I have just read Carole Cadwalladr’s strange fever dream of an article, published in the Observer today. Britain’s vote to leave the EU was not a legitimate expression of the popular will—a culmination of years of condescension and neglect from an increasingly discredited political class—it was instead the result of a right-wing plot peopled by billionaires and “data scientists” (“You’re a wizard, Harry”) who used “sophisticated algorithms” (not spells?, ed.) to target and subtly coerce a small but significant number of credulous Facebook users to shuffle to the voting booths on June 23rd and mark the box labelled “Leave the European Union” with an “X”.

That may sound like the backstory for one of the lesser Bond films (maybe something from the Pierce Brosnan era), but Cadwalladr would have us believe (I’m sure that she believes) that “it were the big data wot won it”.

The story she tells is not wholly inaccurate. Cambridge Analytica is a real firm. The company may have done work (in some capacity) for Leave.EU and (probably in a much more significant capacity) for Donald Trump. But “big data” (or “data”, as it was known before the marketing bods got to work) is not magic. Nor are the techniques that campaign groups employ anything particularly new, as Conservative Councillor, Simon Cooke, explains here.

However, a simple narrative and a journalist who wants to believe are not easily parted. Ironically, another true believer (at least that’s how it appears to me) is the former Campaign Director for Vote Leave Ltd., Dominic Cummings.

Cummings has made several big boasts about his campaign “do[ing] things in the field of data that have never been done before”. That includes the Voter Intention Collection System, or VICs, about which Cummings wrote a long blog post. This is why I can only assume that Cummings is as ignorant as Cadwalladr. If he knew what he was talking about—unless he is playing an extraordinarily elaborate joke of Andy Kaufman-esque proportions—he would be embarrassed to share such shoddy work.

If the appalling campaign were not evidence enough, the VICs project ought to disabuse anybody of the idea that Vote Leave was the product of a strategic mastermind, using the remarkable power of big data analytics to get one over on “the establishment”.

Not only did Cummings write a self-aggrandising blog post about the system, he also published the VICs source code on GitHub, prompting no less a figure than the BBC’s political editor, Laura Kuenssberg, to write a laughable puff piece, repeating several of Cummings’ claims.

As an aside, given the very high regard the BBC has for itself, Kuenessberg should know better than to take Cummings’ assessment of his own work as gospel. The BBC must have people on its staff who could have looked over the code and provided an expert opinion, if requested. Failing that, the BBC political editor could have called any university computer science department in the country and asked any one of several hundred (thousand?) professors to give their opinion of what was published.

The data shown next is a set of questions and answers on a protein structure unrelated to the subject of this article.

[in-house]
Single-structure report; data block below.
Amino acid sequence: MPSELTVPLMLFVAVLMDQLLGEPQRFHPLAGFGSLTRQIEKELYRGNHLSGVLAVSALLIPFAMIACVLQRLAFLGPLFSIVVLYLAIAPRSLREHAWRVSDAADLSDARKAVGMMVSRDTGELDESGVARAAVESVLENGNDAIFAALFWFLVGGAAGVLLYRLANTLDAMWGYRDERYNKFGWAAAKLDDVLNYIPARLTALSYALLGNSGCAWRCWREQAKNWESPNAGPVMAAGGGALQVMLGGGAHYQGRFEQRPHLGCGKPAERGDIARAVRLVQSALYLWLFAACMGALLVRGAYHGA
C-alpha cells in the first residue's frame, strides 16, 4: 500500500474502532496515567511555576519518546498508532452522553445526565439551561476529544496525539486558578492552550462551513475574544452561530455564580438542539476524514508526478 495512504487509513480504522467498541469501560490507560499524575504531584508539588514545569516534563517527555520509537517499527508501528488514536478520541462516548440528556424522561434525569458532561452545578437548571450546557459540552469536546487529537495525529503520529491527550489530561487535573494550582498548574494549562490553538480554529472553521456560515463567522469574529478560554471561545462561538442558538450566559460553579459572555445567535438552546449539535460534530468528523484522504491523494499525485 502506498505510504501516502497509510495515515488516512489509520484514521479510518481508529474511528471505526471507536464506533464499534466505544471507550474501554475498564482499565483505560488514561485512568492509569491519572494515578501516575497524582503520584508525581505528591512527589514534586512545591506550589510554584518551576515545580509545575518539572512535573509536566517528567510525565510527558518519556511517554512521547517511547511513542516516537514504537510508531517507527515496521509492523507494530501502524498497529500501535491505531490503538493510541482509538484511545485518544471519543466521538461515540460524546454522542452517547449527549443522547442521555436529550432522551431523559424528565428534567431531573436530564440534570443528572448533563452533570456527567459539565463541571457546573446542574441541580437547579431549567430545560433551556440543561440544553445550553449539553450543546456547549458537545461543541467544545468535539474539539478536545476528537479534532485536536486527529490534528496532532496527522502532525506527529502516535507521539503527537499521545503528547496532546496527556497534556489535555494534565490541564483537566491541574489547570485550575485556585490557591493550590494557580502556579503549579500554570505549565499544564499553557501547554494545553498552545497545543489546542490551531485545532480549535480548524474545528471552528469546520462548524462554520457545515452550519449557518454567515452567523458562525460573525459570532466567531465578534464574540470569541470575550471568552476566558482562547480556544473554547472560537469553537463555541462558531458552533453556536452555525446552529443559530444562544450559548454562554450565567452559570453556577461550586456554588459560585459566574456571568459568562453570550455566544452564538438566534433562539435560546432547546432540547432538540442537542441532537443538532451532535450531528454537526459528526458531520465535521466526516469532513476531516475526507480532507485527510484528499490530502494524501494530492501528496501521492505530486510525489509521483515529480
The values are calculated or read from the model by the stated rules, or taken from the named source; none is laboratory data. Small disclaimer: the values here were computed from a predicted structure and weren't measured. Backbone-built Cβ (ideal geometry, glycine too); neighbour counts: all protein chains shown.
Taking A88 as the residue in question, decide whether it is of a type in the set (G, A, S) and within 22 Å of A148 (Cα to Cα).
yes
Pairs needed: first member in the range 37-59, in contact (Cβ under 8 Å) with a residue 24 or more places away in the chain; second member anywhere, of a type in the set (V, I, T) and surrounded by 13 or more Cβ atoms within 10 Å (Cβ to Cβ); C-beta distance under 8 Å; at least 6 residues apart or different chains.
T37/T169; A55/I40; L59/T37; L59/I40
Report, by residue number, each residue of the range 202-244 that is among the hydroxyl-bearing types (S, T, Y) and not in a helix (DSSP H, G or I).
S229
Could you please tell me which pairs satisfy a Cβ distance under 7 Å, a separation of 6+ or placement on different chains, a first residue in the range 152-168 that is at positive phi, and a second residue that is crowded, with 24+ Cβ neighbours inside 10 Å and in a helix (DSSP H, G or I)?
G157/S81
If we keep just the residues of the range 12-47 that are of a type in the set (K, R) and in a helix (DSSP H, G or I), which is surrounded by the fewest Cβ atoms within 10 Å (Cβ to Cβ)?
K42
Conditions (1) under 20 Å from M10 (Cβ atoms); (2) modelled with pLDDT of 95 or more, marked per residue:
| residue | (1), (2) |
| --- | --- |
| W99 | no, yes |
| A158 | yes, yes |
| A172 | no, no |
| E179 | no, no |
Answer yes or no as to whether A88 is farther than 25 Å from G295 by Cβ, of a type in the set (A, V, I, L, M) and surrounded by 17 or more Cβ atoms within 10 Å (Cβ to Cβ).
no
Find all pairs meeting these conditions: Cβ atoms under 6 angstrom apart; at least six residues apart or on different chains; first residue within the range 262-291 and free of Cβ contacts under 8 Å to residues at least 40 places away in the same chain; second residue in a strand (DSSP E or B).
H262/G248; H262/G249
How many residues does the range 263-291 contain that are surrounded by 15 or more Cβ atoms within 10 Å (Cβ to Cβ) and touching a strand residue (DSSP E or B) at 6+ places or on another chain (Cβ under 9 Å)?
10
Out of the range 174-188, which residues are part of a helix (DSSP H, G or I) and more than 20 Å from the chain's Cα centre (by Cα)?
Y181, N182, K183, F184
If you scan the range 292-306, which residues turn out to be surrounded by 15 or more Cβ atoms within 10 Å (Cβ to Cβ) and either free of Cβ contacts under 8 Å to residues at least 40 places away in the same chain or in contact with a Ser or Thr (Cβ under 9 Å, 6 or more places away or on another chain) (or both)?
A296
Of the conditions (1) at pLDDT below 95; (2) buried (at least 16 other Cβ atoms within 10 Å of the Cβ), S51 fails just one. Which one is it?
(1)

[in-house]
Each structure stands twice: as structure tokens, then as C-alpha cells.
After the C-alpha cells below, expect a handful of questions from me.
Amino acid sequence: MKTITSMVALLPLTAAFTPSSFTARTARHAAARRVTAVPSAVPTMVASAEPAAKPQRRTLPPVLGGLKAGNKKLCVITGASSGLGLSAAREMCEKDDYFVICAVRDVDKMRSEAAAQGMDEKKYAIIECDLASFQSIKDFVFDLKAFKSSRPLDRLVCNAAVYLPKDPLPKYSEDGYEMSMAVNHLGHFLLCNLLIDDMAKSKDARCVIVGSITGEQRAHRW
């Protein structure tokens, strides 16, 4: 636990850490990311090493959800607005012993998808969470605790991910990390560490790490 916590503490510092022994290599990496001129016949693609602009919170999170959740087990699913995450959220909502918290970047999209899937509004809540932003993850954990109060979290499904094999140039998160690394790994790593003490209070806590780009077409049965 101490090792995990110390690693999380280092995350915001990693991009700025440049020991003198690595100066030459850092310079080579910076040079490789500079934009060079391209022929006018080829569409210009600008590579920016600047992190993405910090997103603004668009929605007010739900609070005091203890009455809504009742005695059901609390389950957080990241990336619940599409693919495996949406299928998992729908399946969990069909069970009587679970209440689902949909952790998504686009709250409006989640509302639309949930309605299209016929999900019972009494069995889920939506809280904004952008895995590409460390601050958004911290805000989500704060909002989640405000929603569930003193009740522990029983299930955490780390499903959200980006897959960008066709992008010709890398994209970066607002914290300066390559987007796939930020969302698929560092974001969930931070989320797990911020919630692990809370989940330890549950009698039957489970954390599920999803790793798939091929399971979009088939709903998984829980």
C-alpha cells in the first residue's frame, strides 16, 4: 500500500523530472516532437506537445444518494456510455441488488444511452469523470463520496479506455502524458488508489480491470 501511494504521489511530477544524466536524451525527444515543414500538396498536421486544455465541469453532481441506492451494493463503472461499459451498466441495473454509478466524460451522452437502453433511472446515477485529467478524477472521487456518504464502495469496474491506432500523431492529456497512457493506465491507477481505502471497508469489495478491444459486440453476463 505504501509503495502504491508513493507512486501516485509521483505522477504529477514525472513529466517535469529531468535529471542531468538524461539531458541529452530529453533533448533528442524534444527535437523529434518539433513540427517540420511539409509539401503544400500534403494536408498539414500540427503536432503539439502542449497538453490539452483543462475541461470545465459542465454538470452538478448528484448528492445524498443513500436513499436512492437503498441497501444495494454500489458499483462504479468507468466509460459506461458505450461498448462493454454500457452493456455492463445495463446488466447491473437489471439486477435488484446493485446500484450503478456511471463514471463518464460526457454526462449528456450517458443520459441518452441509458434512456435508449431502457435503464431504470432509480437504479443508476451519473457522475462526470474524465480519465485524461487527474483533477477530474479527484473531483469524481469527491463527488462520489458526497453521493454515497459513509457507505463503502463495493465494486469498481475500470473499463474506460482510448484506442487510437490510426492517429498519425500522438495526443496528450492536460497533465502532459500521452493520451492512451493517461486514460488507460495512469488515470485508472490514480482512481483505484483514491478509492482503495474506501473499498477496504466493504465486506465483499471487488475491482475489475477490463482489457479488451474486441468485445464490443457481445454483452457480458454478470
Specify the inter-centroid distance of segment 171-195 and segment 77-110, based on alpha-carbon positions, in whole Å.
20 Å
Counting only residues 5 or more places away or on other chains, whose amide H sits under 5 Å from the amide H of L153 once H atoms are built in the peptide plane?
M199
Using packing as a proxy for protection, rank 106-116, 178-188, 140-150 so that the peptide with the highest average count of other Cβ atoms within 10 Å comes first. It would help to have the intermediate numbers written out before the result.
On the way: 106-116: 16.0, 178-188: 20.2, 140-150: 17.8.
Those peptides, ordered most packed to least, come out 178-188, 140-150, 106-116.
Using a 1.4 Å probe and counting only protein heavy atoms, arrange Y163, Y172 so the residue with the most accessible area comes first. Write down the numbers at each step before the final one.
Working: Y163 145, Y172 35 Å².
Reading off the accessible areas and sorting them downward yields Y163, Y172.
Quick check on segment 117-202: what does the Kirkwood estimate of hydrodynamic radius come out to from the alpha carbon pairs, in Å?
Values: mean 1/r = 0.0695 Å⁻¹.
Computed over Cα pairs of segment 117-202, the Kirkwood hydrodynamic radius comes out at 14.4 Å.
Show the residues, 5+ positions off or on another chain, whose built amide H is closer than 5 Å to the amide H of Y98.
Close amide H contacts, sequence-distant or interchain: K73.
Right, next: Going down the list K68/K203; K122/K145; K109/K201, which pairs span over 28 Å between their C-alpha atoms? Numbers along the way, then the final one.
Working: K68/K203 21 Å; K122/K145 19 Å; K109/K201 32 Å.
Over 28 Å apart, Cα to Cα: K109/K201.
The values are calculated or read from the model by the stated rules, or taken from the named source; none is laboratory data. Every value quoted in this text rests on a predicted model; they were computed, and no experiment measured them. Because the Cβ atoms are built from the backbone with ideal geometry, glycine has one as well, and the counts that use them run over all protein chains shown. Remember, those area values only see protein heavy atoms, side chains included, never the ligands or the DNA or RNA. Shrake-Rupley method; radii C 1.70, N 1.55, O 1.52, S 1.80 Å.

For what it’s worth, I did have a look at the source code, and to say that what I saw was unimpressive is an understatement. The parts of the VICs system that can be viewed on GitHub amount to little more than a half-finished web app. The idea that this was the “data analytics” tool that gave Vote Leave an edge in the campaign is ridiculous.

How ridiculous is summarised in this piece by Joshua Carrington, who went to the trouble of building the various dependencies and compiling the source.

If Stronger In did not have an equivalent, or even a superior system, I would be surprised.

As far as I was concerned, Cummings’ blog post read like a pitch for work. But the journos bought it, so I guess it did its job.

Similarly, this line from an anonymous source, referred to only as David in the Cadwalladr piece, made me laugh out loud:

Robert Mercer did not invest in [Cambridge Analytica] until it ran a bunch of pilots – controlled trials. This is one of the smartest computer scientists in the world. He is not going to splash $15m on bullshit.

Have these people never heard of the dot-com bubble?

In closing, this is yet another article aiming to identify a “prime mover” responsible for a result that caught the legacy press and the political parties off guard and which many among that demographic have not yet come to terms with. The fact of the matter is that the EU is not very popular in the UK and it never was. The lie that says the EU is primarily an economic rather than a political project is increasingly difficult to maintain. The British electorate never felt that they had given their consent for their nation to be merged with other European states and subordinated to a supranational executive called the Commission. The ongoing disaster in the eurozone and the fact that the Armageddon we were promised if Britain did not join the single currency never arrived also emboldened people. I could go on.

Success may have many fathers while failure is an orphan, but it does not seem that any paternity test will soothe the paranoids who write this drivel for the Guardian and the Observer.